Last night, we watched Thor: Ragnarok with Elijah, who is working his way (and ours) through the Marvel Cinematic Universe. It is easily the most humorous of the films in the MCU so far. In any case, the Norse myths are hugely entertaining, and lend themselves well to retelling—we loved New Zealand’s contemporary tv adaptation, The Almighty Johnsons.
At one point, Thor, god of thunder, is thrown into a cosmic rubbish dump, and must escape from a nightmarish dystopia where enslaved champions are forced to fight one another, in order to return home to Asgard and defeat his sister, Hela, goddess of death.
When Thor finally confronts Hela, she gouges out one of his eyes. Near death, he sees his father, the one-eyed Odin, in a vision. Odin remarks that Thor never really saw very well when he had two eyes. (This would make more sense if Marvel had stuck with the traditional back-story of Odin sacrificing an eye in exchange for wisdom, and from then on seeing more clearly with one eye than he had done with two; rather than account for it as a battle-wound.)
In the Gospel reading set for Morning Prayer today, Mark 9:38-50, Jesus says that it is better to cut off your hand or foot or tear out your eye and to enter life in the kingdom of God maimed, than, with both hands, feet, and eyes, to be thrown onto the hellish rubbish dump.
The context is one of infighting between the disciples (Mark 9:33-37) and John’s attempt to win approval by informing Jesus that they had come across an outsider casting out demons in Jesus’ name and had told him to stop, because he wasn’t one of them.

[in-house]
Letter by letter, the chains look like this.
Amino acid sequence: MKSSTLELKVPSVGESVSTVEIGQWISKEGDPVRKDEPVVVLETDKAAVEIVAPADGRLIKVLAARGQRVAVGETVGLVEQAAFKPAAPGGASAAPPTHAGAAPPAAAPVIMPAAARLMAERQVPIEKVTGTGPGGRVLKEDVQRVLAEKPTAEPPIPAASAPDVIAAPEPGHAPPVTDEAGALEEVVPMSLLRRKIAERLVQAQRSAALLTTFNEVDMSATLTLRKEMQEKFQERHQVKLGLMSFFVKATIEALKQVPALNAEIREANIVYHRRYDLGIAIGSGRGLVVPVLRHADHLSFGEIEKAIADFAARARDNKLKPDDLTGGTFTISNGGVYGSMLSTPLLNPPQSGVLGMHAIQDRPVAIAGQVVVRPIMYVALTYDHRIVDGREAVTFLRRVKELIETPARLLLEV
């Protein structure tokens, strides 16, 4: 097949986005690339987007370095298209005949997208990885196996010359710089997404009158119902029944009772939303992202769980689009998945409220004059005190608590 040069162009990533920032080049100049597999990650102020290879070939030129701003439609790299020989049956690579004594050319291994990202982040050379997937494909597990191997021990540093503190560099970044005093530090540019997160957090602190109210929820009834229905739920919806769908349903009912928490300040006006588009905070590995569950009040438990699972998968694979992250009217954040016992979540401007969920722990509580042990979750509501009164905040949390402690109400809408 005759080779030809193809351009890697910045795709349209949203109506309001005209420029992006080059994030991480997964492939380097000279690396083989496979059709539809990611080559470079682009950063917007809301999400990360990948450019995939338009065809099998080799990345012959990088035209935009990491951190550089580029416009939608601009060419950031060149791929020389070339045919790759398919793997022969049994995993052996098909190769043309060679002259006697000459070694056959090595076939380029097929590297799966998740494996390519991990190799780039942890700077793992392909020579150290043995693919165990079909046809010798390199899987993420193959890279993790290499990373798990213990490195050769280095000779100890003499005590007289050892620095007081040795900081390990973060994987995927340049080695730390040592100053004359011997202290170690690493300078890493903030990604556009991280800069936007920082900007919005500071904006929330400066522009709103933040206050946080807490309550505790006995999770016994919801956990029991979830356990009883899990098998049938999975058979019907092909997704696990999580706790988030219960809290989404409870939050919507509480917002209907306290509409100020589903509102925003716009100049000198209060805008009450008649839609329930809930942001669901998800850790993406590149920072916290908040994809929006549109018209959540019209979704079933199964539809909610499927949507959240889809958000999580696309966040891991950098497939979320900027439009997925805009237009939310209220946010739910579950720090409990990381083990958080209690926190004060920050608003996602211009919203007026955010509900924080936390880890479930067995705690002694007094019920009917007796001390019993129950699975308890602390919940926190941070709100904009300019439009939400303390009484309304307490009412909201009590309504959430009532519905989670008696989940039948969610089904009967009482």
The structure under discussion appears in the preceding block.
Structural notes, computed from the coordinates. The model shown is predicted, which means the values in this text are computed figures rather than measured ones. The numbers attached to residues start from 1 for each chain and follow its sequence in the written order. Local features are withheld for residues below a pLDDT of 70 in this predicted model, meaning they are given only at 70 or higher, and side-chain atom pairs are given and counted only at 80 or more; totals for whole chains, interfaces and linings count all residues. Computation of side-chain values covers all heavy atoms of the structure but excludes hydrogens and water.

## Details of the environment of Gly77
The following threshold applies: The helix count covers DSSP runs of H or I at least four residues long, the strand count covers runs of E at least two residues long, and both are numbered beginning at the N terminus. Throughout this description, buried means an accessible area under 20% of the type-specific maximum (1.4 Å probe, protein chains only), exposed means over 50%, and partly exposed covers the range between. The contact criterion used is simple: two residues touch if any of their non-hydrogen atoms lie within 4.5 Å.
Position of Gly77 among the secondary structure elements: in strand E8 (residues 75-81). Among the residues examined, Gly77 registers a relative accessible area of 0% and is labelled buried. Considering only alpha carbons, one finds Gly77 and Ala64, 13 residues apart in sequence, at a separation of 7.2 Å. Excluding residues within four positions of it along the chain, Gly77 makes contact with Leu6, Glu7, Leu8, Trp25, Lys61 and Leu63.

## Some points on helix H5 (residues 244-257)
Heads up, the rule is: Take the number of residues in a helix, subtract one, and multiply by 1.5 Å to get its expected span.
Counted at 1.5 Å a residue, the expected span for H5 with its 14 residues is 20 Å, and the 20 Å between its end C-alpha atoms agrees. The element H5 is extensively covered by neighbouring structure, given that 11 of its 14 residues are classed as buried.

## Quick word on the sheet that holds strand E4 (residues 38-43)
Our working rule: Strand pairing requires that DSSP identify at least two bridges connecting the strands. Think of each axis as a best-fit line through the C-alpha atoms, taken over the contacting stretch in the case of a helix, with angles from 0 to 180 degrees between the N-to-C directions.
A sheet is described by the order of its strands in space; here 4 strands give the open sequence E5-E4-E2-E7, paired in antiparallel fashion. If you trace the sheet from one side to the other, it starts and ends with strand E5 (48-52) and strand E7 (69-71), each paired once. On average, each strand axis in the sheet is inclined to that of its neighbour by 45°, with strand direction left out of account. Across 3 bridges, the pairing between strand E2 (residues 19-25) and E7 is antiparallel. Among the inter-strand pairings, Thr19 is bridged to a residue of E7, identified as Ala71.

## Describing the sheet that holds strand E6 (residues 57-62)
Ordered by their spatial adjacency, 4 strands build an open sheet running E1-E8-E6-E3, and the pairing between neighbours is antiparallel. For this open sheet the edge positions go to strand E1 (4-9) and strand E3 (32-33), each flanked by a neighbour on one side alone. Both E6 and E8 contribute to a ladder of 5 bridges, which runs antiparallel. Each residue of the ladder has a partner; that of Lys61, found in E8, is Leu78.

Jesus’ response is uncompromising. You’re better off thrown into the sea with a millstone tied to your neck than you are preventing other people from ushering-in life in greater fullness.
The self-mutilation is hyperbole. And the hell is not some post-mortem punishment, but rooted in this life. Gehenna was Jerusalem’s rubbish dump, where refuse was burned, and where, when Jerusalem had fallen to armies in the past, the corpses of her fallen citizens were burned (this would happen again, at the hands of the Roman army, in AD70).
Essentially, Jesus’ teaching here is that we must live in peace with one another, and ruthlessly cut off at source any temptation to believe ourselves to be superior to others, or else we will find ourselves presiding over a wasteland. Better to compromise your vision than to have it intact, but be kings of the trash-heap.
This speaks to our political situation here in the UK, where we see competing ideologies fight to the death to rule over a nation reduced to rubble by their fighting. Better to compromise in order to work together.
And it speaks to our global environmental crisis, where westerners are unprepared to sacrifice their unprecedented collective privilege, prefering to be kings and queens of a wasted planet than work together for our shared home.
Thank God for those who seek to build common platforms, and imagine a new world. May God strengthen the resolve of the UN, in the face of many distractions.
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